Tag Archives: classic books

30 Before 30: Read “The Year of Magical Thinking” by Joan Didion

23 Dec


In my 30th year of life, I’m attempting to do 29 new things. Full List Here. All Bucket List Adventures Here.

I read this book in the span of a day. It’s not a long book, and the prose is quick and simple. It’s also a story that pulls the reader in. It documents the year of her life after her husband John died. He had a heart attack in front of her, and, as she puts it, in an ordinary moment her life changed.

I’m still processing how I feel about the book. It’s different from most anything I’ve ever read. Death and loss are not new topics. I think the difference with Didion is that she doesn’t try to pull at your heartstrings. She doesn’t conjure up lost memories of her husband and her at their happiest. Their first kiss. Sweet things he did for her. None of that is there. It is simply the story of her mind coping with the grief.

Reading her analyze her mind and notice her thought patterns in the year after she lost her husband pulls the reader closer to understanding how it feels to lose a life partner. At one point, I took a break from reading it and looked at the simple layout of the cover. Only four letters in a different color than the rest. My eyes scanned from the J to the O to the H to the N. John. Her ex-husband. I give that cover designer enormous credit for putting together such an understated cover that describes the essence of the book. The shadow Didion’s husband cast over her life, especially in the year after he died, was unavoidable and seeped into her mind in curious ways.

Her writing is so straight-forward and without embellishment that I was surprised by how much her love for him resonated. In interviews, she has said that she thought the book turned into a love story instead of a story about grief. And I agree. This is not a book for the faint of heart. Your heart will break alongside hers. But it is beautiful, and it is important, and I learned so much from it.

“We are not idealized wild things.

We are imperfect mortal beings, aware of that mortality even as we push it away, failed by our complication, so wired that when we mourn our losses we also mourn, for better or for worse, ourselves. As we were. As we are no longer. And as we will one day not be at all.”



27 Before 27: Read Moby Dick

2 Dec

In my 27th year of life, I’m attempting to do 27 new things. Full list here.

Before I read “Moby Dick,” I read “Anna Karenina.” A friend and I decided to read it together, taking on a part a week and discussing it with each other. We were both inspired to read it because of the Keira Knightley movie version that is coming out. I typically enjoy the classics. I’m a huge fan of Shakespeare, Dickens, Austen, Twain. I was that nerd in high school English that loved every last book we read. But for some reason, I really didn’t like “Anna Karenina.” I tried to. But I just didn’t particularly like any of the characters, and the huge chunks about Russian agrarian society was somewhat tedious.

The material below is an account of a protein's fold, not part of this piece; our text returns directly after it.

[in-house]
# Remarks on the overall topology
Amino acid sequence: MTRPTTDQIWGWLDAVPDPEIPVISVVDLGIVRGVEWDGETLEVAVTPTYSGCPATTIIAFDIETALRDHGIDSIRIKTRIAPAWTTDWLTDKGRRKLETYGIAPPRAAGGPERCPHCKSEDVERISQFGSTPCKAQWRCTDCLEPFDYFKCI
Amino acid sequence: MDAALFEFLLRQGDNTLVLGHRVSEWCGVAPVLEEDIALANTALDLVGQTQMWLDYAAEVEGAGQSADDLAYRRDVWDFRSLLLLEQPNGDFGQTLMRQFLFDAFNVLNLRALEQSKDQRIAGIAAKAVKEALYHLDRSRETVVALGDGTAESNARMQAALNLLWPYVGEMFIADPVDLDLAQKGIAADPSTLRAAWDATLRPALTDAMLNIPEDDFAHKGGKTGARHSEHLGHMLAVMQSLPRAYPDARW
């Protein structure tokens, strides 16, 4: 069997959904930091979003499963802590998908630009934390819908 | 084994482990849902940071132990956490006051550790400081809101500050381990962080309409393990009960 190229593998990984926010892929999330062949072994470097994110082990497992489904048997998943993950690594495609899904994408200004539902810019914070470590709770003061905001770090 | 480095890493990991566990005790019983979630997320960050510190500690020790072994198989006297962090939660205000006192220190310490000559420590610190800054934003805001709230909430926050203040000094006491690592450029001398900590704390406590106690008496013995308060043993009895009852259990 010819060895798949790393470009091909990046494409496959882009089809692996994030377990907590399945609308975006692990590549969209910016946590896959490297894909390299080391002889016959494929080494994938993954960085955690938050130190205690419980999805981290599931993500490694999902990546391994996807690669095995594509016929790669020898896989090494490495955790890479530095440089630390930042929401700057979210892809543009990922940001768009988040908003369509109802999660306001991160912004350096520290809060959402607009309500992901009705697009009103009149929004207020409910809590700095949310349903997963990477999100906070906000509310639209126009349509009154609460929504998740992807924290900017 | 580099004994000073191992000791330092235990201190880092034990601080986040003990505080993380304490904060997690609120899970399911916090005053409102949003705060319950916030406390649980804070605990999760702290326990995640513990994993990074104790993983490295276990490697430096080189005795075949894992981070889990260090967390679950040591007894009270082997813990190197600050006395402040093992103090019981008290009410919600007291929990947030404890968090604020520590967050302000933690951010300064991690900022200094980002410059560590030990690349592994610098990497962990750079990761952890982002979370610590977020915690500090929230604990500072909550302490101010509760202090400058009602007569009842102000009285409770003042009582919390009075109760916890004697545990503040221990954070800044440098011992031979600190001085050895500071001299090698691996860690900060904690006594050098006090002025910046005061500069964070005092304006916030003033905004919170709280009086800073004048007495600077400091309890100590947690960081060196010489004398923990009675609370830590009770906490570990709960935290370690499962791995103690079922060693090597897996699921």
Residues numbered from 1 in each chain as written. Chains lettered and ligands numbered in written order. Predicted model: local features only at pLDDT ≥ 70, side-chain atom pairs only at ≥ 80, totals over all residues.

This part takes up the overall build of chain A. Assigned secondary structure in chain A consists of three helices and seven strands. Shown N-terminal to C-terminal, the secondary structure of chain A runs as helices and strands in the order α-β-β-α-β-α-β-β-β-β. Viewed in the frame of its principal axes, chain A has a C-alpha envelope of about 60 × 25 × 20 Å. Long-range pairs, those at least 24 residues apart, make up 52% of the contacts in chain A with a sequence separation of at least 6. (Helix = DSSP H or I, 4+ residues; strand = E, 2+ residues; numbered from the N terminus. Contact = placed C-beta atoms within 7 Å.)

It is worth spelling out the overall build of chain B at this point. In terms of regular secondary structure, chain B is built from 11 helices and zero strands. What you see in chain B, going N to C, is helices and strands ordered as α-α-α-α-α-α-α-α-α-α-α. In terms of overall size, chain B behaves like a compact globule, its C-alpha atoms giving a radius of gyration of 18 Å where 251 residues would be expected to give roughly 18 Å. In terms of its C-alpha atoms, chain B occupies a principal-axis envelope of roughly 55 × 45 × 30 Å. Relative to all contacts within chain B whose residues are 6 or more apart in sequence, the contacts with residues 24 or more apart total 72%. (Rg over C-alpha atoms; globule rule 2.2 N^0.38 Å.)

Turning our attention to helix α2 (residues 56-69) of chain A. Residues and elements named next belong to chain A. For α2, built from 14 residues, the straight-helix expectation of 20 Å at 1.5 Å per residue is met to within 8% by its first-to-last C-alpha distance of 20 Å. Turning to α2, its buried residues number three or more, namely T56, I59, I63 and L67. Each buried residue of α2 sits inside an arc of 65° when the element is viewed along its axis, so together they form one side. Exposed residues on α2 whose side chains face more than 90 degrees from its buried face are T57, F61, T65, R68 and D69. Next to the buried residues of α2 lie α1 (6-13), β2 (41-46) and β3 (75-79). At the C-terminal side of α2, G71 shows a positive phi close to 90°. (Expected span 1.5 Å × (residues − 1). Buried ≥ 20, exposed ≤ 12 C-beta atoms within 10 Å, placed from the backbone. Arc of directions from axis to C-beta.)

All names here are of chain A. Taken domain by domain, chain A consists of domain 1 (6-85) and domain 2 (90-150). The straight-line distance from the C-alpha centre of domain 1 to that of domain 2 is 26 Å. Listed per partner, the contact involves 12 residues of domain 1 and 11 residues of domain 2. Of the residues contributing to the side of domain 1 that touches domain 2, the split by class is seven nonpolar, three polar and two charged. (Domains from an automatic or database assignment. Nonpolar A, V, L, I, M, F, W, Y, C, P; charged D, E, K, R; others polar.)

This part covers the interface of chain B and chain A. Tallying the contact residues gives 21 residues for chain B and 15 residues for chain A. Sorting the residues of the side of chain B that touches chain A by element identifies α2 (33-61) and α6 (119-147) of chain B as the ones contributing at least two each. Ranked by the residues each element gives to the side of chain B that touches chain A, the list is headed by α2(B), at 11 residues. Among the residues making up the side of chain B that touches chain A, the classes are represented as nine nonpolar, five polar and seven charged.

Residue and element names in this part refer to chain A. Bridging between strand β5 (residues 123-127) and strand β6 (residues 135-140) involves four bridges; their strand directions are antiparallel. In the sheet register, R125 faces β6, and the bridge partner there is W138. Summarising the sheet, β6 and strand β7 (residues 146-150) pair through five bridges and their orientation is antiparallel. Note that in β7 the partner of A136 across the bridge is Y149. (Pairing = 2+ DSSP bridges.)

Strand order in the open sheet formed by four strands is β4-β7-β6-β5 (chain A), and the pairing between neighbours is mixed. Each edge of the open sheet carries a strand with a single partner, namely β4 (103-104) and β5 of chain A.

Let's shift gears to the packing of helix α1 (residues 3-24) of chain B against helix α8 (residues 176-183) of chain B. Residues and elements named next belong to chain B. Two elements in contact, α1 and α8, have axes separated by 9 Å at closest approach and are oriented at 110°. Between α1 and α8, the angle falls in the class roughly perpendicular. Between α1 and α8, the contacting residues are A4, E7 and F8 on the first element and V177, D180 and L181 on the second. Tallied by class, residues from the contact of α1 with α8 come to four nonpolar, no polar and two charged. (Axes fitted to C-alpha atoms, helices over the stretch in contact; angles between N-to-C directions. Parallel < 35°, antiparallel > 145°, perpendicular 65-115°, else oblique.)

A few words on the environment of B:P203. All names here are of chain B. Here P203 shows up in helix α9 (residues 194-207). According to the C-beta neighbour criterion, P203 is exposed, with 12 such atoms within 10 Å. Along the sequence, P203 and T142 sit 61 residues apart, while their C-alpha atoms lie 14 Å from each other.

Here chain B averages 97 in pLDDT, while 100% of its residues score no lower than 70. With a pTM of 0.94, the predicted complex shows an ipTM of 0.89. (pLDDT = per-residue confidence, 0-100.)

This is when I started reading “Moby Dick.” When I would finish a part in “Anna Karenina” before my scheduled meeting with my friend, I would start in on “Moby Dick.” And I loved it. It was such a necessary change of pace. Herman Melville’s language is so full of images and smells and sounds. It puts you directly in the Nantucket whaling community. And Queequeg! The tattooed foreigner that Ishmael quickly befriends? Loved him. The scene where they are spooning the morning after they meet, adorable. I found myself rushing through “Anna Karenina” so I could get back to “Moby Dick.”

So at last I finished the Tolstoy torture and could fully dedicate myself to “Moby Dick.” This, of course, coincided with reading the part in the book where Melville goes on and on and on and on about whale anatomy and references to whales in literature. It was long-winded, and I honestly didn’t really read all of it. I skimmed over most of it. I mean there were pages of different scientific names for breeds of whales. Really?

All in all, it’s an amazing book, if you cut out the lists and the explanations. If you did that, it would probably be more of a novella. But it made me laugh, it pulled me in. I missed my subway stop while I was reading the end. So dramatic and exciting. Will I ever read it again, though? Nope. Probably not.

Consider the subtleness of the sea; how its most dreaded creatures glide under water, unapparent for the most part, and treacherously hidden beneath the loveliest tints of azure….. Consider all this; and then turn to this green, gentle , and most docile earth; consider them both, the sea and the land; and do you not find a strange analogy to something in yourself?”